Engineering Brief 417 (Download now)
EB02-5 Challenging Changes for Live NGA Immersive Audio Production—Peter Poers, Junger Audio GmbH - Berlin, Germany
The world of broadcast audio is on the verge of a major revolution. Numerous "3D Immersive" formats are developing and will find their way into the mainstream of broadcast production and distribution in the near future. Along with Immersive Audio another category comes into game – Object Based Audio (OBA). All together it describes the Next Generation Audio formats - NGA. What does this mean and what challenge we need to fight with here? OBA will give the end user the option to personalize their experience by selecting personalized audio mixes. In object based audio, an "object" is essentially an audio stream with accompanying descriptive metadata. One of the major challenges for the production side of the industry will be to start OBA production. This means completely rethinking how we perform the final mix because, with OBA, it will be performed at home by the viewer rather than by a mixer in a post-production facility. What does this all mean for the broadcaster? A complete re-build of existing facilities and a total re-think about the audio processing equipment required for outside broadcast vehicles? Well, if we get it right, there will be some changes to overall workflow and hardware. And working with metadata for live streams and in files will become a major challenge. There will be new technical tools and new standards that will help to reach this new level of requirements. Some ideas and facts will be presented.
Engineering Brief 418 (Download now)
EB02-6 Mutebook.me—Interactive Online Tools for Teaching Music Technology—Thilo Schaller, SUNY Buffalo State - Buffalo, NY, USA; Jan Burle, School of Creative and Performing Arts, University of Calgary - Calgary, AB, Canada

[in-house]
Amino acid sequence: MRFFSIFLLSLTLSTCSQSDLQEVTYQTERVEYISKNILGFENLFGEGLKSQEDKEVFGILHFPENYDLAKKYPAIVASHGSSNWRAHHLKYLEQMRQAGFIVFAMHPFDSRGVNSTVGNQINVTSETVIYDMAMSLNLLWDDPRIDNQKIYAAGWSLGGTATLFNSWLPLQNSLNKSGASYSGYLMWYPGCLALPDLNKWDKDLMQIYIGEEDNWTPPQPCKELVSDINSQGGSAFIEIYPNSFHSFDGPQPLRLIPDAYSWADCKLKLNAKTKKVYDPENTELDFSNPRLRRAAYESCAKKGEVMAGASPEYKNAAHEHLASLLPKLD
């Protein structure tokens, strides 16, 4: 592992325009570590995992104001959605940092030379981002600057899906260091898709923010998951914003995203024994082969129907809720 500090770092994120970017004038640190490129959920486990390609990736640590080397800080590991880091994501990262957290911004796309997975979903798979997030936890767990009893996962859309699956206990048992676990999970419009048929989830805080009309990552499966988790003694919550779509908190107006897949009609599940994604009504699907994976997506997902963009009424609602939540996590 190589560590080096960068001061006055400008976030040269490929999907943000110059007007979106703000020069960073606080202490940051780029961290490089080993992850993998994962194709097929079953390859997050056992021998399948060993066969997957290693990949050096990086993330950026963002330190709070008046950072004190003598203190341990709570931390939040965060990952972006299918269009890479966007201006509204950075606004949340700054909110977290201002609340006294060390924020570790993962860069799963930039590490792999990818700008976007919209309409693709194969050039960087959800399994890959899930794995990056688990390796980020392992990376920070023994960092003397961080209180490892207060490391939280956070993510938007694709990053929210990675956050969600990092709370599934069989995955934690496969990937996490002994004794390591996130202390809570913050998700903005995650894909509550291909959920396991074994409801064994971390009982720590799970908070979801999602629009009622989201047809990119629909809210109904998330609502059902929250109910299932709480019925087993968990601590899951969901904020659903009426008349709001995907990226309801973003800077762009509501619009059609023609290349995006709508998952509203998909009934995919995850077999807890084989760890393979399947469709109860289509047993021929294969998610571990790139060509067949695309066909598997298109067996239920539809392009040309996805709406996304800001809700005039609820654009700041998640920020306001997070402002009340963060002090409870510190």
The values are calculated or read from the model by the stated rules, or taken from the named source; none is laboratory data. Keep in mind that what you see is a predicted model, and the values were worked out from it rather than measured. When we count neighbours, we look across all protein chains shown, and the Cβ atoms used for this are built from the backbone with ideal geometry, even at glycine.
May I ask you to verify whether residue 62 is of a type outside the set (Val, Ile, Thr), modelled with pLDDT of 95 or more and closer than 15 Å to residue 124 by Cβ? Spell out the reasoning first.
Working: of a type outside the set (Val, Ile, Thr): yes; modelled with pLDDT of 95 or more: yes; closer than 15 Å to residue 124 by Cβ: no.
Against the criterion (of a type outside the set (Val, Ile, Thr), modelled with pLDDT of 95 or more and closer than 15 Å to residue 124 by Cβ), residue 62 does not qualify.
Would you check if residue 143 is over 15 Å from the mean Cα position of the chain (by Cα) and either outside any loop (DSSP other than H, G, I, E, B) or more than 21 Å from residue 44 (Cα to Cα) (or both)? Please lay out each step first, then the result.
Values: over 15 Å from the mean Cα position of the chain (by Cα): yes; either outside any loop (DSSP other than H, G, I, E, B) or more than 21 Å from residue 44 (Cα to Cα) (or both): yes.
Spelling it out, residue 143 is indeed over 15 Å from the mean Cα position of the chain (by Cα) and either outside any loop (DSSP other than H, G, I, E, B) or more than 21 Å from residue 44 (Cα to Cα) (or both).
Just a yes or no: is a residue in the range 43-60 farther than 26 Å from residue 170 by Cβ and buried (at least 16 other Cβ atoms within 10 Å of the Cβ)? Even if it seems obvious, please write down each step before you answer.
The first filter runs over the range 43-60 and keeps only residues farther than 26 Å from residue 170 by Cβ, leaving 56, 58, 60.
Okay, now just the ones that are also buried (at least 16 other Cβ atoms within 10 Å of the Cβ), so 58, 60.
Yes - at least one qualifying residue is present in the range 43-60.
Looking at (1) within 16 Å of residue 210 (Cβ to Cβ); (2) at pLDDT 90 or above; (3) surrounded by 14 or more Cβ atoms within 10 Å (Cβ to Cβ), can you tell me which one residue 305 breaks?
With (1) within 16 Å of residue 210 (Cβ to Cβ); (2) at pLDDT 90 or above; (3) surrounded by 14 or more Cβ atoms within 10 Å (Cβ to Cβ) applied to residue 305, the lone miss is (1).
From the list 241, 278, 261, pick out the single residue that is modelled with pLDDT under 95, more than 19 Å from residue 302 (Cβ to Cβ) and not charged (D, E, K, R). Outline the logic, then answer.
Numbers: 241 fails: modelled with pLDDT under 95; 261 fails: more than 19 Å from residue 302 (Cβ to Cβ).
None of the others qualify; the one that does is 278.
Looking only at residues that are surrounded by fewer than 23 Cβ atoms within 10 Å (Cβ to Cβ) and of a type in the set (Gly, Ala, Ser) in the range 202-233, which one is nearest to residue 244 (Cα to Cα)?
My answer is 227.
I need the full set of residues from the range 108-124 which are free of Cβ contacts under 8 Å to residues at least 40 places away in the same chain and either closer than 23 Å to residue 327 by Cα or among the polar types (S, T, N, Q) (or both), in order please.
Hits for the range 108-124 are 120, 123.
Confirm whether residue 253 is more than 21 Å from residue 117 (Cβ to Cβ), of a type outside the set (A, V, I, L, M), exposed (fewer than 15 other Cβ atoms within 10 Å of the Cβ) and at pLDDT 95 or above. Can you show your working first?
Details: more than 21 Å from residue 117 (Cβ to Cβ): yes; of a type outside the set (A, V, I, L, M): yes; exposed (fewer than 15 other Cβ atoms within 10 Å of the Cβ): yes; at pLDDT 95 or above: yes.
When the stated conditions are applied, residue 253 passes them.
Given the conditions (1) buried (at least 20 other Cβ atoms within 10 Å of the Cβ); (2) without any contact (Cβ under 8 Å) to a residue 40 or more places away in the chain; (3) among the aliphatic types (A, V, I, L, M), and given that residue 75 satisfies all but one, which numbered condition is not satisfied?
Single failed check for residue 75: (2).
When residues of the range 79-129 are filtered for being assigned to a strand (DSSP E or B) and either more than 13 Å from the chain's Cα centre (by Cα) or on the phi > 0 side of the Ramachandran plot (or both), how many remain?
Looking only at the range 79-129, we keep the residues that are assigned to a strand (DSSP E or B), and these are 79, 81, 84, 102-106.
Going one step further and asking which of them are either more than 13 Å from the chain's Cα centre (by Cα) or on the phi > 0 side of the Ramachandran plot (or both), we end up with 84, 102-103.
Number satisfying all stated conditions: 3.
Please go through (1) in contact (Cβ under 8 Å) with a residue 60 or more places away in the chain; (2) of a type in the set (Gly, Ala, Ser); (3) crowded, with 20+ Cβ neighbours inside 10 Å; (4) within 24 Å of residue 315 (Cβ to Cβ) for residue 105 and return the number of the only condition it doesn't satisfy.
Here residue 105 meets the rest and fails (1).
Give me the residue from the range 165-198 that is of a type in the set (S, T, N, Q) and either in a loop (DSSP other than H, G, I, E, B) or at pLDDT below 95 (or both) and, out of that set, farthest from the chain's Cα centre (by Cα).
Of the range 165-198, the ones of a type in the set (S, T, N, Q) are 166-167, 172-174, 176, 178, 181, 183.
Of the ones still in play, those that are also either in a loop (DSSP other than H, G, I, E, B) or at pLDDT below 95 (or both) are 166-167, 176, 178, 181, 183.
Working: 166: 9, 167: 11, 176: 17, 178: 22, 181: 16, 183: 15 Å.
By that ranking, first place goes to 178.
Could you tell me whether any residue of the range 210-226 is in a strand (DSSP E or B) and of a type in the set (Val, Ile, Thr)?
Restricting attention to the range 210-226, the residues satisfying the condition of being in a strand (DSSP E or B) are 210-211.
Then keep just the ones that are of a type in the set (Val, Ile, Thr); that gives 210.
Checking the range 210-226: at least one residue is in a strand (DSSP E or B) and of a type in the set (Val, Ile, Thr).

Mutebook is a project that aims to help audio arts students comprehend scientific concepts related to music technology, such as basic mathematics, fundamentals of acoustics, and digital audio theory. By using online interactive course material with visual and aural feedback, students of various audio arts disciplines can intuitively explore and understand relevant scientific concepts. Mutebook was in part funded by the Innovative Instruction Technology Grant (IITG) of the State University of New York (SUNY), and its first phase—i.e., the creation of an initial collection of interactive lecture notes with integrated applets—will be completed in May 2018.
Engineering Brief 419 (Download now)
EB02-7 CAE Support to Woofer Installation in a Car—Andrzej Pietrzyk, Volvo Car Corporation - Torslanda, Sweden
CAE support to the development of the audio system from an automotive OEM perspective is discussed, on the example of the development of the details of installation of a door woofer. For this application a loudspeaker model driven with electric voltage has to be integrated in the vibro-acoustic simulation. An example of an implementation of such a model is discussed and the accuracy of simulations is presented for the case of a woofer in free hanging door. It is further discussed in car models with different trim levels, from plane metal body with trimmed closures to fully trimmed body. Finally, the results obtained in a car model, with different variants of installation details of the woofer are presented and discussed.
Engineering Brief 420 (Download now)